Health & Wellness

Skeletal, Craniofacial and Oral Biology Symposium

UConn Health’s federally-funded grant to train people for careers in Skeletal, Craniofacial and Oral Biology (SCOB) research sponsored its annual capstone symposium last month. Seventeen trainees presented their research findings on topics including how bone, cartilage and teeth develop; genetics; biomechanics/biomaterials; and regeneration of diseased or damaged tissues. Linda Strausbaugh, professor of molecular and cell […]

Pramod K. Srivastava, an accomplished leader in basic and translational research and director of the Carole and Ray Neag Comprehensive Cancer Center at UConn Health. (UConn Photo)

UConn Health Receives $3 Million for Cancer Research

The gift from Ray ’56 (CLAS) and Carole Neag will support research on genomics-guided cancer treatment.

Rendering of UConn Health academic building

Developing a Medical School Curriculum for the 21st Century

Renovating UConn Health’s academic building, along with the curriculum, is part of the changes taking place at the medical school.

Brenton Graveley is researching the role that RNA plays in biology and disease. (Tina Encarnacion/UConn Health Photo)

At the Forefront of a Genetics Revolution

UConn Health’s Brenton Graveley is researching the role that RNA plays in biology and disease.

How Colleges Can Deal with the Shortage of Nursing Professors

The nursing faculty shortage affects the production of an adequate nursing workforce and, consequently, the nation’s health.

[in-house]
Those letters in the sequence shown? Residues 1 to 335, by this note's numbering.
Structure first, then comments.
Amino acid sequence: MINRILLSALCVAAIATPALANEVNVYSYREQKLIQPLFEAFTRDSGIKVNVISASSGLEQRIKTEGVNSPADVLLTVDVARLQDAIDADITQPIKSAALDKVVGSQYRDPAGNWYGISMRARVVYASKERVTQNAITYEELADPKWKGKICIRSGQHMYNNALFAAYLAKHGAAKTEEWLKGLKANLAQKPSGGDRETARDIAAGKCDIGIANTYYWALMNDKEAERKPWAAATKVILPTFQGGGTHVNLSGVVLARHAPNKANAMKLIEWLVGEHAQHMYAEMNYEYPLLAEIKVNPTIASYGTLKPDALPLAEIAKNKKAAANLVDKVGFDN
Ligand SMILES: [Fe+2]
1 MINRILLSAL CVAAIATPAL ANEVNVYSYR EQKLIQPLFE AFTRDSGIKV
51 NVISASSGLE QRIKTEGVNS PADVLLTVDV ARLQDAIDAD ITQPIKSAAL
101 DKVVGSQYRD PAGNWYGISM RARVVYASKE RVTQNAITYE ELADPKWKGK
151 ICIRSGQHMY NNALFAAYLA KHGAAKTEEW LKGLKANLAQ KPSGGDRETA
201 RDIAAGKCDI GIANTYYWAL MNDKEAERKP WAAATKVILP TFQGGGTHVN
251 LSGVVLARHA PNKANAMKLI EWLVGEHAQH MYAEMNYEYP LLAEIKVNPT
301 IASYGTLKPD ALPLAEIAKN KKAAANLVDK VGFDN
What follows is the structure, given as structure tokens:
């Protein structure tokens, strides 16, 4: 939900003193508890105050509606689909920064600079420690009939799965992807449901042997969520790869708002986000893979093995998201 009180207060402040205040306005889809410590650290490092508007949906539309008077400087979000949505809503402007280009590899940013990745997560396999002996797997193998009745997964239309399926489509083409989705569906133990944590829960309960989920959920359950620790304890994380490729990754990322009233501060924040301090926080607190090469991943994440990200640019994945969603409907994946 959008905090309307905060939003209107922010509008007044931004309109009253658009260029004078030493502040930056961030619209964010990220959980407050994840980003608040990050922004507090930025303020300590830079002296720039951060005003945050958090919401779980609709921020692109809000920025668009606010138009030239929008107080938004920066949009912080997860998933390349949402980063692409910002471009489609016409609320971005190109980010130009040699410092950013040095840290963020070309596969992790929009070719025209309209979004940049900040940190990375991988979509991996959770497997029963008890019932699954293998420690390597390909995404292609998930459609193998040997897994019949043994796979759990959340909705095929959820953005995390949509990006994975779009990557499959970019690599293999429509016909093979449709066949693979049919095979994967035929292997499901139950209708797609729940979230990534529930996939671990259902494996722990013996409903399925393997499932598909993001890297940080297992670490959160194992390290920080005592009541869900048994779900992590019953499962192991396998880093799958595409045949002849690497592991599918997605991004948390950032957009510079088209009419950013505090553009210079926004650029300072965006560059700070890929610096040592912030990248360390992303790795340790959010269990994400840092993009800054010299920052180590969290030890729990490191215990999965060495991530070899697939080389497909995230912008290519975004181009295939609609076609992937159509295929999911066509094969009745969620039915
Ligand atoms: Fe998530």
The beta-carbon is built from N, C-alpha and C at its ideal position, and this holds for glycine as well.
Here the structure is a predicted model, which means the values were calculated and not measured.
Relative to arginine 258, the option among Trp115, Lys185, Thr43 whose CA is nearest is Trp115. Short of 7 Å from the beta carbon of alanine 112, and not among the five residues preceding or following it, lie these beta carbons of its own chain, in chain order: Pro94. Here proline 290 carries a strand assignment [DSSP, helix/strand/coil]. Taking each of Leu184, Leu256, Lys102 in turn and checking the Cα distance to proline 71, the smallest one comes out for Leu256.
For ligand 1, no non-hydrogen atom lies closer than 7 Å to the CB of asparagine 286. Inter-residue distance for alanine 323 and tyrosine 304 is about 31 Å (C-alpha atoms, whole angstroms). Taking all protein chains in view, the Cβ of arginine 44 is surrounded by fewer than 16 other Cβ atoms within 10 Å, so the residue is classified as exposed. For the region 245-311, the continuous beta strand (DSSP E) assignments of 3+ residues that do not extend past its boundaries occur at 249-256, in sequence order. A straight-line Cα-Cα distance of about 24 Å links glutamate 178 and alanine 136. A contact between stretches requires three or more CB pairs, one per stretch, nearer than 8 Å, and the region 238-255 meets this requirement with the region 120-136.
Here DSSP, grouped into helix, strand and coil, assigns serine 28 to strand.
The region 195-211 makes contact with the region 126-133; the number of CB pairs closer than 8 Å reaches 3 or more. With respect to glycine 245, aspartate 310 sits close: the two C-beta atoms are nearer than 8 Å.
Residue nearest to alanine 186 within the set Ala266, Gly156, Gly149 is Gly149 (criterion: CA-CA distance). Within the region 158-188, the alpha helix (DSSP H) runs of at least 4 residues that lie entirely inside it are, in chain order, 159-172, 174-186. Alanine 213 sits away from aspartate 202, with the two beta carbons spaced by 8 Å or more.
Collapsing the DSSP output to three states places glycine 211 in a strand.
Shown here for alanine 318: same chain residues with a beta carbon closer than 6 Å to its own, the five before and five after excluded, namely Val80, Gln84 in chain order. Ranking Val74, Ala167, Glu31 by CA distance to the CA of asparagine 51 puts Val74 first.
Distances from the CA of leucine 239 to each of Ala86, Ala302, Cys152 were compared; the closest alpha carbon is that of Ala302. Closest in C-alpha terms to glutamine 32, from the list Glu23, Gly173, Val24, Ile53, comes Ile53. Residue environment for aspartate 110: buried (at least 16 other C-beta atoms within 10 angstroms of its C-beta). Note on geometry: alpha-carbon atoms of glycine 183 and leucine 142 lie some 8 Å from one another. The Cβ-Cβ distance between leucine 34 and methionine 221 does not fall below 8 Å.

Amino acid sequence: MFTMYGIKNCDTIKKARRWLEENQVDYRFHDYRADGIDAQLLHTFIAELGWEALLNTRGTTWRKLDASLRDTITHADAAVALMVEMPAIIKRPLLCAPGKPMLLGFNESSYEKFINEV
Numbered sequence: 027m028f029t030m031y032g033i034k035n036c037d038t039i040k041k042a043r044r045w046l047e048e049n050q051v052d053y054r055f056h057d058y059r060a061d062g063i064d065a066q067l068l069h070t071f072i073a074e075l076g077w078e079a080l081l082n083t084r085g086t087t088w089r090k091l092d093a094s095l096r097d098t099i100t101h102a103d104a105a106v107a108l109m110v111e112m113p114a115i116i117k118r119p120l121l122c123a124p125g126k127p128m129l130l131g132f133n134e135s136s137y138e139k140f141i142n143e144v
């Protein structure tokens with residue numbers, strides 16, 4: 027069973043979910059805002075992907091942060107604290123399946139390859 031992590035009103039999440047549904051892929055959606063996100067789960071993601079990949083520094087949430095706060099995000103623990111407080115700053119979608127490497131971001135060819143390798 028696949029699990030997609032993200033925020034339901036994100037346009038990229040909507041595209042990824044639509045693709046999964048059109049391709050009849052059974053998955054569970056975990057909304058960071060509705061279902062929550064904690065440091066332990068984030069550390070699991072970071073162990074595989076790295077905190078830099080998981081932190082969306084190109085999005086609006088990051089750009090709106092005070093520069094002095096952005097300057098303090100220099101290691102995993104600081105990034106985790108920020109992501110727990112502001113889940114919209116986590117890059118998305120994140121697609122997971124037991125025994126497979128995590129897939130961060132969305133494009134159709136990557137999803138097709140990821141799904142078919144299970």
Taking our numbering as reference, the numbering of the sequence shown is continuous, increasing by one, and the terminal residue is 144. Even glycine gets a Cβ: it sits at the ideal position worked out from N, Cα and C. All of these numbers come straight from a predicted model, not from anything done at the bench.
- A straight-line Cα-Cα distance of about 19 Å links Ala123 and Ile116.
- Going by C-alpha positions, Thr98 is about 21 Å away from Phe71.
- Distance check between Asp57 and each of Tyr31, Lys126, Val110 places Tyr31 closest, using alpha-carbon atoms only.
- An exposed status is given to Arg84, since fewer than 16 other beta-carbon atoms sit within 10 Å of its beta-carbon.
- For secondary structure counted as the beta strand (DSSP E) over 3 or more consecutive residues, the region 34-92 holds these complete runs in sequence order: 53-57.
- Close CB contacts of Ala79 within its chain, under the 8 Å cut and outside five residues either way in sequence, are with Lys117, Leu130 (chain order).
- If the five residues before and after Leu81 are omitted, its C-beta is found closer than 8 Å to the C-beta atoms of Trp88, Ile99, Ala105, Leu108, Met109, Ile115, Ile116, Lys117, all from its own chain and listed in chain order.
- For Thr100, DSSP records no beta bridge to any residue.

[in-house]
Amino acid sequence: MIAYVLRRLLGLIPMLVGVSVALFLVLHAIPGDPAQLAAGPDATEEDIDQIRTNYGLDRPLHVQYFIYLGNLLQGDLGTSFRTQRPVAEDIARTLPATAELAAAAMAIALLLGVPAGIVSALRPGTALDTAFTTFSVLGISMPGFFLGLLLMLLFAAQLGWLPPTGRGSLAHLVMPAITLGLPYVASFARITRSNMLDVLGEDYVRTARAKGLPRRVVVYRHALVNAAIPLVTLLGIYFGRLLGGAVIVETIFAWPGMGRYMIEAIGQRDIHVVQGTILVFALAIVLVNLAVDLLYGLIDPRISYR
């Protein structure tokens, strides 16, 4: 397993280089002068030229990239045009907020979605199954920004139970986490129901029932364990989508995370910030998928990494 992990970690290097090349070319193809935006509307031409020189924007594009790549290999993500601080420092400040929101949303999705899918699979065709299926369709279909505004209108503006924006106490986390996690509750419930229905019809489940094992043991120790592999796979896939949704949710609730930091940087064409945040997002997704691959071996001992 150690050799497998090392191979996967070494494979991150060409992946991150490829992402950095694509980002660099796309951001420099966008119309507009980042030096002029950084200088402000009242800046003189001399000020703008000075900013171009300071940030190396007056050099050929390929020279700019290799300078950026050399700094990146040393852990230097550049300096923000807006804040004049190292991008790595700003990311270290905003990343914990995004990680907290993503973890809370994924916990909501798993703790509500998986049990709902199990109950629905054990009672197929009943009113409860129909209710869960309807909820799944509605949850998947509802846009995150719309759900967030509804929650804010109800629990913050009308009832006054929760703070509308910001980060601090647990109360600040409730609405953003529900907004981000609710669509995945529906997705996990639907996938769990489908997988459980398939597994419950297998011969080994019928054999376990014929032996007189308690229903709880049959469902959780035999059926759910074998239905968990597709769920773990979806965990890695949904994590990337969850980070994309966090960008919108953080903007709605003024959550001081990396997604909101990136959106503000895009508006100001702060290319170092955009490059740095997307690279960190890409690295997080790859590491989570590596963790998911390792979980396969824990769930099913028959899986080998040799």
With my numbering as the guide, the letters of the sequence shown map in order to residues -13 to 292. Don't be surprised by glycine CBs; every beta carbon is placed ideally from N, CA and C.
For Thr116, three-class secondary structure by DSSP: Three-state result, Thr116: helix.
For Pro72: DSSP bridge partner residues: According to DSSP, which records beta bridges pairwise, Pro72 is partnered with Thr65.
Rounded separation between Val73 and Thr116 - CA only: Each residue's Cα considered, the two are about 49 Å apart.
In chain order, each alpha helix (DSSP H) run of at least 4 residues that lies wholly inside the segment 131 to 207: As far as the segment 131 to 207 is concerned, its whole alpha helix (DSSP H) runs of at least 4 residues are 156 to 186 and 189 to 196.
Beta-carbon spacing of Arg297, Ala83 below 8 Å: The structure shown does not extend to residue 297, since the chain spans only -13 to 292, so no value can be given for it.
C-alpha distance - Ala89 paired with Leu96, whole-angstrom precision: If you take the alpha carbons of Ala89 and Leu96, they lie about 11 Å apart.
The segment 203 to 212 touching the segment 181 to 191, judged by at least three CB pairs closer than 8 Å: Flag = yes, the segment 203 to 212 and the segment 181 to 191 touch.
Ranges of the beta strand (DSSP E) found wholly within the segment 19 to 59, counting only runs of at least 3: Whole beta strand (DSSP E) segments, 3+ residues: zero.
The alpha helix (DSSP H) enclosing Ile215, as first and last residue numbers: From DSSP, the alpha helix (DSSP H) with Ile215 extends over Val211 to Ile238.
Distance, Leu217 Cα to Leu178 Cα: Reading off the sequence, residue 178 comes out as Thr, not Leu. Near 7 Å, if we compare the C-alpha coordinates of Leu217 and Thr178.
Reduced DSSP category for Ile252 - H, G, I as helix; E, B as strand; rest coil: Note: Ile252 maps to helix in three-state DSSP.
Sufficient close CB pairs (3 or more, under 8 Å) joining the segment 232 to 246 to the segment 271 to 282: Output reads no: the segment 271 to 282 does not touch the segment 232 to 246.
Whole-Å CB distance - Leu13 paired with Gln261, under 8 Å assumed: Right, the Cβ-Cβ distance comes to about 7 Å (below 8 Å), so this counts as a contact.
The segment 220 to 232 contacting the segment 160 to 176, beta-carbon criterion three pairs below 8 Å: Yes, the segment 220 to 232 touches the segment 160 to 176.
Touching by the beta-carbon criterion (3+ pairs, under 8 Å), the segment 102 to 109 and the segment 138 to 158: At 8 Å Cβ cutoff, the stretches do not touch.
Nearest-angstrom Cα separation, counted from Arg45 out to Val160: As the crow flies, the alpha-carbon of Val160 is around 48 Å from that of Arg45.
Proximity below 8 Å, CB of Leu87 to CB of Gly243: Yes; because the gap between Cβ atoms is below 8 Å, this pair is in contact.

Young Breast Cancer Survivor Thanks UConn Health Docs

Abbie O’Brien, the mother of three young children, is grateful to the Neag Comprehensive Cancer Center team for helping her successfully battle the disease.

Dr. Agnes Kim

Beating Cancer Can Come with New Health Risks

The No. 1 killer of cancer survivors is heart disease. Here’s what UConn Health is doing about it.

Ph.D. candidate David Finitsis, an affiliate of CHIP, conducted a meta-analysis that identified the health benefits of text messaging between providers and patients. (Peter Morenus/UConn Photo)

The Health Benefits of Texting

A UConn study found text messaging between providers and patients improved medication adherence.

Linda Strausbaugh, left, professor of molecular and cell biology, Amanda Dupuy, a graduate student and Patricia Diaz, assistant clinical professor of periodontology review research data in a lab at Beach Hall on March 5, 2014. (Peter Morenus/UConn Photo)

Genome Research on Mouth Fungi May Help Predict Infections

The UConn study will advance the treatment of oral infections in those with a suppressed immune system.

Raising Colon Cancer Awareness Among Minorities

Dr. Jose Orellana, internal medicine physician at UConn Health, discusses why some minority groups are at increased risk of the disease.